Mayflower, AR: In Storm’s Aftermath, Contaminants Continue to Spread
We went out during last night’s thunderstorm and tornado warning to see how the storm would affect the cleanup. Exxon turned on pumps to drain the dammed, blighted cove into the rest of Lake Conway and sent most of their workers home. Early in the storm, we took this video of a lakefront yard being inundated by rising waters. Some residents had already uprooted their entire gardens for fear of eating poisoned veggies.
These waterways eventually connect to the Arkansas river. We found oil slicks in the nearby Bell Slough State Wildlife Management Area:
This photo was taken at Grassy Lake, which is only perennially flooded. Because tar sands bitumen sinks, the extent of the contamination in many of these areas will only be ascertained after the floodwaters drain.
Local Workers Uninformed, Unprotected
The workers we’ve spoken to, including police guarding the scene, uniformly say that Exxon has told them that they are cleaning up “crude oil.” They don’t think they need masks. This is a problem. Over the course of a prolonged exposure, acute symptoms may recede and the smell may become less noticeable, but toxins continue to bio-accumulate.
Here’s a quick breakdown of who these workers are and where they’re coming from. None wear masks except those working at night to spray an unidentified liquid in affected areas and those working at the very epicenter of the poisonous tar sands lake. Those that work directly for Exxon are career spill-responders who travel from negligence to negligence. They tend to be older white males who don’t seem to get their hands dirty often. The Faulkner Sheriff’s Department and various Fish & Wildlife cops are also on the scene. Exxon is also contracting out various parts of the cleanup to the following companies
B & D Field Services http://b-dfieldservices.com/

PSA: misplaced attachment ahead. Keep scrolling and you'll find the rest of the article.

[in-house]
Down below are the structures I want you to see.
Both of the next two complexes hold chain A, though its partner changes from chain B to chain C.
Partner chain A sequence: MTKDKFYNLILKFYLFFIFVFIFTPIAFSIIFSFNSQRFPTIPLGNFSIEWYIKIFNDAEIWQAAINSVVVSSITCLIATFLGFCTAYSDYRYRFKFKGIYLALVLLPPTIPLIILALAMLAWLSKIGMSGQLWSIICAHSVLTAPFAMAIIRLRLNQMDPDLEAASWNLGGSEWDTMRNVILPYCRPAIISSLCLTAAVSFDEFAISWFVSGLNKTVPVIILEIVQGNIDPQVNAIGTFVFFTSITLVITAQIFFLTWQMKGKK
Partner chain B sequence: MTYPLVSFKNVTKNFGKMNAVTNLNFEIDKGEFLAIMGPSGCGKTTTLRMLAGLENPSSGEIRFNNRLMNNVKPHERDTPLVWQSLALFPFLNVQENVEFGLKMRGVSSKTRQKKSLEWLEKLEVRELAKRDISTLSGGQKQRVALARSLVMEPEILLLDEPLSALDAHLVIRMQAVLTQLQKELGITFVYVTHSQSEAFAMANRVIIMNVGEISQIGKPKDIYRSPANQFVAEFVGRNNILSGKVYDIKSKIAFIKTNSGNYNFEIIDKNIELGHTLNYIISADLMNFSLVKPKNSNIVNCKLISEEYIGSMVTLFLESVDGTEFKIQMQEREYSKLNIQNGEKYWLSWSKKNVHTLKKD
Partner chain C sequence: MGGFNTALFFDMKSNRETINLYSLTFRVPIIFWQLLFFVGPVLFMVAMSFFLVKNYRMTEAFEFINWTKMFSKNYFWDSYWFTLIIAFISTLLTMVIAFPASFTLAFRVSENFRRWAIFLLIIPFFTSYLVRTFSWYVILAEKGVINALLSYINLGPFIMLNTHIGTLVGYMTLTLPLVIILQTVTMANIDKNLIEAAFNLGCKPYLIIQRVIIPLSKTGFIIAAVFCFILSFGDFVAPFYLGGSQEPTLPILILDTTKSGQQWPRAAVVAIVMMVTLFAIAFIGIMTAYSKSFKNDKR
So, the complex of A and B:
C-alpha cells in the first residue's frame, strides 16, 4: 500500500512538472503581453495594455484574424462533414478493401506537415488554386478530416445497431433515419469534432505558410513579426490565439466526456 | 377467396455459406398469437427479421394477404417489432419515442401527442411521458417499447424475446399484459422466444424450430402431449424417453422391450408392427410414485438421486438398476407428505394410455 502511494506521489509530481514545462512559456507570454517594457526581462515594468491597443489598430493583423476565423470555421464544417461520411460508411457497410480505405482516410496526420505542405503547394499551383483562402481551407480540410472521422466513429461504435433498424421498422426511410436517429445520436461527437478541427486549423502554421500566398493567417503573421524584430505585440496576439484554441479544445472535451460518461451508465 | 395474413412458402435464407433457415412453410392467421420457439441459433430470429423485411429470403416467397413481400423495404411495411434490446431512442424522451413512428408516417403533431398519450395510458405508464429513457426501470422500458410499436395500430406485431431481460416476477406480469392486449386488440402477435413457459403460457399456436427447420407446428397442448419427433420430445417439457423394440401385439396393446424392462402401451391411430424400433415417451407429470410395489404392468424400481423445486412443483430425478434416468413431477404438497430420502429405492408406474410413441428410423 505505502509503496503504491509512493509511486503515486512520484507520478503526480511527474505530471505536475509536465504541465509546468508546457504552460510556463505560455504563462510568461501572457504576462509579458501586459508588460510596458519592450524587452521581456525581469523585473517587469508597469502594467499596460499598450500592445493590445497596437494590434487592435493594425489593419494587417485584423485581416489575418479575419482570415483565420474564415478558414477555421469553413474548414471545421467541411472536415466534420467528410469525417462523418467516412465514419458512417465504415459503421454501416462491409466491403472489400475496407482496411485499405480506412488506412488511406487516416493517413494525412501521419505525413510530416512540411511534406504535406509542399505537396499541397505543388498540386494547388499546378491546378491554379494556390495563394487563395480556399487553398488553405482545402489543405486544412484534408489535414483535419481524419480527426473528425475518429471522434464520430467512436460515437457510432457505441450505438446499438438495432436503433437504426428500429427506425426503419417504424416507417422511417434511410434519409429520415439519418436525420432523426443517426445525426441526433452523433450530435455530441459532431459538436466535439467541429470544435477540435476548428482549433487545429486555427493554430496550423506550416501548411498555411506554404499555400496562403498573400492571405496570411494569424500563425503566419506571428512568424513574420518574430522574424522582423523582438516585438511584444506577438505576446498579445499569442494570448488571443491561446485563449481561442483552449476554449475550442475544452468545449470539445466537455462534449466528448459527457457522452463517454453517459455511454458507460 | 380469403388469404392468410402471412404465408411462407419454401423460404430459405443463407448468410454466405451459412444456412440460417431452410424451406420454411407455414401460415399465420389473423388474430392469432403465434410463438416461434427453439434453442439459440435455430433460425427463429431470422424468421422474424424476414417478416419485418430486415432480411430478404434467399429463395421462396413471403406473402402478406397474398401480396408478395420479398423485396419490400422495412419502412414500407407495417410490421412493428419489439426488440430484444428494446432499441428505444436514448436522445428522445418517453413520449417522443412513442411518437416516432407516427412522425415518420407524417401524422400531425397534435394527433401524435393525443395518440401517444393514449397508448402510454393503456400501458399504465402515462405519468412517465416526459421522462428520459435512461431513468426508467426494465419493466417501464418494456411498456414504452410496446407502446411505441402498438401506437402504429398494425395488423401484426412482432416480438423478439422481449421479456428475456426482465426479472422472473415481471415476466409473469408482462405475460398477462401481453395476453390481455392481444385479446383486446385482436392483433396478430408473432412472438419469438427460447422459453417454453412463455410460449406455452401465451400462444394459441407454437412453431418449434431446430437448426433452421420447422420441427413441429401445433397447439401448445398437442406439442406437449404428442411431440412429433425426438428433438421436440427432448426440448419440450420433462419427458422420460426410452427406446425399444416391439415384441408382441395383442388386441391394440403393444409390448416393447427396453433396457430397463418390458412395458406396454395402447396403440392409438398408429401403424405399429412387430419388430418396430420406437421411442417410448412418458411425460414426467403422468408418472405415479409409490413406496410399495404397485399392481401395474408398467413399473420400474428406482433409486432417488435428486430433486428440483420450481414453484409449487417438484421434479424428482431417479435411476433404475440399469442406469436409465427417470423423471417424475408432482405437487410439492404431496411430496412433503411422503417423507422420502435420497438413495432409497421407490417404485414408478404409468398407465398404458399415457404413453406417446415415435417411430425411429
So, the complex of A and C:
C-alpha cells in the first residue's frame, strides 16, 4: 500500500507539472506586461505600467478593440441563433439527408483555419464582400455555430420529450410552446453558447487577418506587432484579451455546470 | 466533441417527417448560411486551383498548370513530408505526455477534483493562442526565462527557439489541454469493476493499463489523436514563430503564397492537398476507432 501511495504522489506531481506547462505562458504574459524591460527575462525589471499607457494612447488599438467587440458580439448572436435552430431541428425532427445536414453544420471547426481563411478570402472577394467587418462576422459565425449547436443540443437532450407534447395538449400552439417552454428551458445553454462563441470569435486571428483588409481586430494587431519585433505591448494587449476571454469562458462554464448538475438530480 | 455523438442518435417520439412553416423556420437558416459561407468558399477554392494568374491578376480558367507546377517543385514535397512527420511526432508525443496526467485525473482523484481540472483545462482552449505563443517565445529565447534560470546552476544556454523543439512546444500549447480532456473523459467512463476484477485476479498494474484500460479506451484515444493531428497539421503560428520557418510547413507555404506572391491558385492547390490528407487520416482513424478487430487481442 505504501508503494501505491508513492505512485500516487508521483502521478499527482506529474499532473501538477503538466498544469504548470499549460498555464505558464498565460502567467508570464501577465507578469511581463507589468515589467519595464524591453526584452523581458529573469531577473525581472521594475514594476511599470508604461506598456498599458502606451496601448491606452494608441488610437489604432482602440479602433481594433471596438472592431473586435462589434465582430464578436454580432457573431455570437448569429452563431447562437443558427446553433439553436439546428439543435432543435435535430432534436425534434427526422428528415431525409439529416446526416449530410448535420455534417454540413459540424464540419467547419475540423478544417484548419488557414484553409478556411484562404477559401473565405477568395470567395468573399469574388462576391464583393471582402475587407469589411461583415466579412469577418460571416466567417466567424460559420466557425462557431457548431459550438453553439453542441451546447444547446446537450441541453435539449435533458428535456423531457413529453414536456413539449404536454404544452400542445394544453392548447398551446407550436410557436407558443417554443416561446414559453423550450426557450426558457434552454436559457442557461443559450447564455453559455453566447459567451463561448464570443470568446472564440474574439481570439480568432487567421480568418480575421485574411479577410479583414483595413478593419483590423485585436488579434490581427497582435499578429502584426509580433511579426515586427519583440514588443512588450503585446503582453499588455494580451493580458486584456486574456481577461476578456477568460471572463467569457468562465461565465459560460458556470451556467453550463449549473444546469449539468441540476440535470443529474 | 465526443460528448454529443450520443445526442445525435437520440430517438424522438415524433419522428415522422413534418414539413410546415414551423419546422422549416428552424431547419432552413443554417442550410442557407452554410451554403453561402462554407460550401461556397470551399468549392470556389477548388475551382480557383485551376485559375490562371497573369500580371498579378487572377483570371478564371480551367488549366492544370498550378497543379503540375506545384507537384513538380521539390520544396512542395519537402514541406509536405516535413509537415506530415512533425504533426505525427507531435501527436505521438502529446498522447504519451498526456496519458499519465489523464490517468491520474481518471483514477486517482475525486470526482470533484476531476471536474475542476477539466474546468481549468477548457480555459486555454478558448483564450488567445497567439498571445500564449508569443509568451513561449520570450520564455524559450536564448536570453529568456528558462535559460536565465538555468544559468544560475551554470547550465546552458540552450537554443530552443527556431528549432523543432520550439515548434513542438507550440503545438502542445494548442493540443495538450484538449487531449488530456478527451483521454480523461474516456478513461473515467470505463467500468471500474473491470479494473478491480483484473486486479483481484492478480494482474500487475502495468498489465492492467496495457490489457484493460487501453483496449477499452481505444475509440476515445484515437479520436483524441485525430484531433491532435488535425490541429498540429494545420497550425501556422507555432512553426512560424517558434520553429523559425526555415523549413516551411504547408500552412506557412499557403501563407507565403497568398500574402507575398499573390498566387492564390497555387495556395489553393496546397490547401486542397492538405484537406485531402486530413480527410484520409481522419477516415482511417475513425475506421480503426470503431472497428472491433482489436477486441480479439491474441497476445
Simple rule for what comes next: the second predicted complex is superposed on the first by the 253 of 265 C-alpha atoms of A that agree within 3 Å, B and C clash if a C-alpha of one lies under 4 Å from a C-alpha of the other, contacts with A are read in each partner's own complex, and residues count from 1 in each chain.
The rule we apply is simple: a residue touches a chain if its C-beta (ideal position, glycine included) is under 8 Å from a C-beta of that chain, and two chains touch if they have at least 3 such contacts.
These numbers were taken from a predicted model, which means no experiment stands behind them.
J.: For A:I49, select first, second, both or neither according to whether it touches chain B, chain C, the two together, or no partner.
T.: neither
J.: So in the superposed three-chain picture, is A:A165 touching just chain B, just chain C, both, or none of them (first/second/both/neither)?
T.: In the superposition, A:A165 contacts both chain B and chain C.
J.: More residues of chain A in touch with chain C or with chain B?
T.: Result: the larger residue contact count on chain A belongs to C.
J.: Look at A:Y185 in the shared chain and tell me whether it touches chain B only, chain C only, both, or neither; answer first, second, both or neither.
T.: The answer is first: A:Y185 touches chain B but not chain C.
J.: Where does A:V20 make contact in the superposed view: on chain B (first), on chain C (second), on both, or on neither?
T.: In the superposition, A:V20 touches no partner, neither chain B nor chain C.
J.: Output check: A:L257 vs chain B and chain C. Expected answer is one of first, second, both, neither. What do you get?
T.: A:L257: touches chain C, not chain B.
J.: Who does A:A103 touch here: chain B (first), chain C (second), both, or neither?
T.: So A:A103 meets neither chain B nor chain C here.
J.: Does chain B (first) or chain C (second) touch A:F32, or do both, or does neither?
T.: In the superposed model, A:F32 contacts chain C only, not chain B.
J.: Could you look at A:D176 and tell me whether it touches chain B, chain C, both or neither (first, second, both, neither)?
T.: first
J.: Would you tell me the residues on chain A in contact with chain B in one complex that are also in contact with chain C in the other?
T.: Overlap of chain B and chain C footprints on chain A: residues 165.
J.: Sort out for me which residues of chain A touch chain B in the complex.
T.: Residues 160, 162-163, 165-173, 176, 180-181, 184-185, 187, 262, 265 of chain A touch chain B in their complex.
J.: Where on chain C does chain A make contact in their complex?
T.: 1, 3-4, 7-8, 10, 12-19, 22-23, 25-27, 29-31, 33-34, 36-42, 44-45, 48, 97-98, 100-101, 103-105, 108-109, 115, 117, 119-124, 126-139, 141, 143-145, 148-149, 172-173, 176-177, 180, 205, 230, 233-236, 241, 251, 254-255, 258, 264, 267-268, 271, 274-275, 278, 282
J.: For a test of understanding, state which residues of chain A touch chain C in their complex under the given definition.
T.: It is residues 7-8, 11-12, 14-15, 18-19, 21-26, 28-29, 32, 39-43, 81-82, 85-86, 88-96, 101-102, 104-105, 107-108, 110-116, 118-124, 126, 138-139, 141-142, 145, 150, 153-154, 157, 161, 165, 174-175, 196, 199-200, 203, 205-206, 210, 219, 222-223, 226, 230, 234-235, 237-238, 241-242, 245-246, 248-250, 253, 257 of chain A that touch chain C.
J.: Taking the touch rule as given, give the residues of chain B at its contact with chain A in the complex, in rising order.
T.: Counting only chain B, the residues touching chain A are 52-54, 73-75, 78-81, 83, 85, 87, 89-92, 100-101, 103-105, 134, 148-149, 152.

Hansen Environmental http://www.hansenenviro.com.au/
SWS Environmental http://www.swsenvironmental.com/index.html
as well as hiring laborers on Craigslist. In other words, the most dangerous work of this cleanup is being done by underemployed locals. Other Mayflower workers are also affected. This photo was taken from a heavily contaminated stream alongside a parking lot containing several shops and restaurants. Employees throughout the plaza said that they experienced symptoms after the spill.
Members of Exxon’s spill team have refused to answer whether these workers are even being provided with the option of wearing masks as they rake tar sands bitumen out of what used to be a riparian zone. No one but supervisors have been allowed to say more than a few words to us.
Those supervisors also refuse to say if workers have access to Material Safety Data Sheets for the compounds to which they’re being exposed. Considering that some of the diluting chemicals in diluted tar sands bitumen are industry-secrets and that workers aren’t even informed about the difference between tar sands and crude, it doesn’t seem likely.
Every member of our crew and the majority of residents we’ve spoken to have experienced symptoms from exposure. These workers aren’t free to tell us what symptoms they’re experiencing, but they are closer to these poisons than anyone. Check out these resources for more information on the special dangers of tar sands and on the health effects of oil spills in general.
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